After dinner, they head upstairs, loose limbed, tipsy from the wine. I stay back to clear the table and do the dishes. The kitchen is on the ground floor, at the rear of the house. The bedrooms are upstairs, two airy rooms and a sprawling balcony with a bird’s eye view of the valley and the mountains. There is also a glass-panelled sunroom up there, a snug capsule angled to catch the light. In the winters, when Kashipur freezes over, the sunroom is the warmest spot in the house. Arun has spread out his yoga mat there, a blue rectangle on which he does headstands and other contorted asanas, twice a day. Anjali prefers walking to yoga. She takes off for a walk, usually by herself, when the sun peeps out from behind the clouds. The walk clears her head. She loves to breathe in the morning’s calm.
I show up at the big house at 7 every morning. Anjali is roaming the hills; Arun is in the sunroom, doing yoga, egged on by his pushy fitbit. I get started on breakfast, tiptoeing around the kitchen, quiet as a mouse. The walls are thick enough to muffle gunfire, Arun is upstairs and Anjali is out, but I am quiet because I have perfected the art of working quietly, of being an invisible presence in the house. Saab’s friends come here in search of uninterrupted calm. Kashipur is the promise of silence, sanctuary from the city’s roar. I keep the peace. I do my best to please.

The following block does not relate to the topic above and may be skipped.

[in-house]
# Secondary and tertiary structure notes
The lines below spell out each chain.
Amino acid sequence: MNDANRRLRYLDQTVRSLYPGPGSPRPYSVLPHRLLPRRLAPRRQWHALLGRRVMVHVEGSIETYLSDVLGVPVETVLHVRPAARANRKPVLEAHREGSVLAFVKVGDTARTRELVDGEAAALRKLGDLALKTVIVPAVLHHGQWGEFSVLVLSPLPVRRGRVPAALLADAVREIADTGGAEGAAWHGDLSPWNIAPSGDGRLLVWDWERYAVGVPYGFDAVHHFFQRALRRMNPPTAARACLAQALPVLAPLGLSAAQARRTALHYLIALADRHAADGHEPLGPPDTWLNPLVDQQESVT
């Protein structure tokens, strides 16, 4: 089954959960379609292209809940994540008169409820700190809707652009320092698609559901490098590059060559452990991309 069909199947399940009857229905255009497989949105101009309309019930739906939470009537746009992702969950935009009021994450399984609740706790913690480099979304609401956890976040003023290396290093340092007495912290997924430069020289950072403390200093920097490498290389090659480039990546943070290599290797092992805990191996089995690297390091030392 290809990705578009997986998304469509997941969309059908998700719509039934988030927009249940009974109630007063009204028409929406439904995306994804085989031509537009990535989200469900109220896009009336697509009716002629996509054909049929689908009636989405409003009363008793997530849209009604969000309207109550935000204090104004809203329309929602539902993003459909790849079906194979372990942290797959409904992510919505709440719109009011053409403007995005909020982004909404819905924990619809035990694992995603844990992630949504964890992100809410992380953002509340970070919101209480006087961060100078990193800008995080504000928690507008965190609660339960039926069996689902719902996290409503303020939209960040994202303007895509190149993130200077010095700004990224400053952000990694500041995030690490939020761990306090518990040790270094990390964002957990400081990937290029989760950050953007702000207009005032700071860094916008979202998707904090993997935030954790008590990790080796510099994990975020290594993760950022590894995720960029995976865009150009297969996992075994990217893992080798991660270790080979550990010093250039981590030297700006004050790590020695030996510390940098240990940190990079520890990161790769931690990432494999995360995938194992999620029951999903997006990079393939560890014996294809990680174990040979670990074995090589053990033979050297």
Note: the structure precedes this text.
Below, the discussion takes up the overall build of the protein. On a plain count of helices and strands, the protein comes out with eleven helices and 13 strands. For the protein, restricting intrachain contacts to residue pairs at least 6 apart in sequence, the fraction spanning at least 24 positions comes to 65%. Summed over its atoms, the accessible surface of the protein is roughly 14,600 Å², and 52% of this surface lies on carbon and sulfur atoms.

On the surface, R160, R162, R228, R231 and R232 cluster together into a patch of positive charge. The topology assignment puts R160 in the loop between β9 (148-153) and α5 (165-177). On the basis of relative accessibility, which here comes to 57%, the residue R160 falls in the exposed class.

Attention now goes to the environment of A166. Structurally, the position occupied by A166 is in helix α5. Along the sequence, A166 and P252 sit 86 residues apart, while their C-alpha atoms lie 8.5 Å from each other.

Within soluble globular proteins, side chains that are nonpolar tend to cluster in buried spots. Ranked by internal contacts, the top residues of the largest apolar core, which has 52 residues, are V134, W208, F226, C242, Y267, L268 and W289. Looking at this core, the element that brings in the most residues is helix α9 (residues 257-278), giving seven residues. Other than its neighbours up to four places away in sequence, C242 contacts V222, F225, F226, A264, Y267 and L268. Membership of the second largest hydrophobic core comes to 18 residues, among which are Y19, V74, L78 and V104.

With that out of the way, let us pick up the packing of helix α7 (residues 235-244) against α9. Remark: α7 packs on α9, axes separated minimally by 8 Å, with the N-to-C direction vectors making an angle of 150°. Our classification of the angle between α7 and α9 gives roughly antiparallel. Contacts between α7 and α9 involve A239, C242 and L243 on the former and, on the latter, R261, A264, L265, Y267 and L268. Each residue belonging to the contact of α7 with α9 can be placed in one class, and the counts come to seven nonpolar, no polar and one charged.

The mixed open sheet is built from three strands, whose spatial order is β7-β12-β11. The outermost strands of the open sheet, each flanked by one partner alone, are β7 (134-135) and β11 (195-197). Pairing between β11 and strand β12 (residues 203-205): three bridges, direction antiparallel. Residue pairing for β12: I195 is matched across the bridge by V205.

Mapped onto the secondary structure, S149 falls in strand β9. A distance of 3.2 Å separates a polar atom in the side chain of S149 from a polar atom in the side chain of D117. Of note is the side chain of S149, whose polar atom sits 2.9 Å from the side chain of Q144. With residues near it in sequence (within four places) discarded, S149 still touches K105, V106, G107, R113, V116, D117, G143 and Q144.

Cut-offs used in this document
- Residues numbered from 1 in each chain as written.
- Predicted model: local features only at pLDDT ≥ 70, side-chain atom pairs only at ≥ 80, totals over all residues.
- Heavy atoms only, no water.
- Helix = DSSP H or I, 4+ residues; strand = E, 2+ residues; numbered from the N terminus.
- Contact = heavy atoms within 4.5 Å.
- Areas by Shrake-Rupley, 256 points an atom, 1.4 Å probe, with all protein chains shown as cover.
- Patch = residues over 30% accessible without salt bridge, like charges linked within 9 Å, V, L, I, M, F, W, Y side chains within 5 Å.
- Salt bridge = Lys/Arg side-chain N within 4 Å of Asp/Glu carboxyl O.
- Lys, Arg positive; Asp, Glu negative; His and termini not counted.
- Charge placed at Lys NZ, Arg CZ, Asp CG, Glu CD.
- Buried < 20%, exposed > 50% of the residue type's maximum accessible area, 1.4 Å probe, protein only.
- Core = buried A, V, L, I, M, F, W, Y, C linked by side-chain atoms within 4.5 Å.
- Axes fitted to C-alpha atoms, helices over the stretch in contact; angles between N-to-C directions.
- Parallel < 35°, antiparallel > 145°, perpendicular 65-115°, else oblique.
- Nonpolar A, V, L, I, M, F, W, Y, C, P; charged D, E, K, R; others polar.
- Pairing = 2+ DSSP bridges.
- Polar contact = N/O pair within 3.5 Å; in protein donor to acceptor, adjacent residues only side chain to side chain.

When Arun is done with his yoga hour, he wanders into the living room in search of tea. I brew him a fresh pot. He settles down on the couch, sipping his tea, staring at the mountains in the distance. I let him savour the tea, and the view. Speak only when spoken to.
One morning, when the sun throws long shadows on the mountains, he is in the mood for conversation. “Your ghost story,” he says, projecting his voice across the room. “I’ve been thinking about it”
“Oh?” I’m surprised he remembers.
“Did you ever see the ghost here? In this house?”
“Upstairs, I was cleaning the sunroom. I felt the air move behind me. Sensed a presence. Turned around to check. Her shadow was on the threshold. She was gone in a second”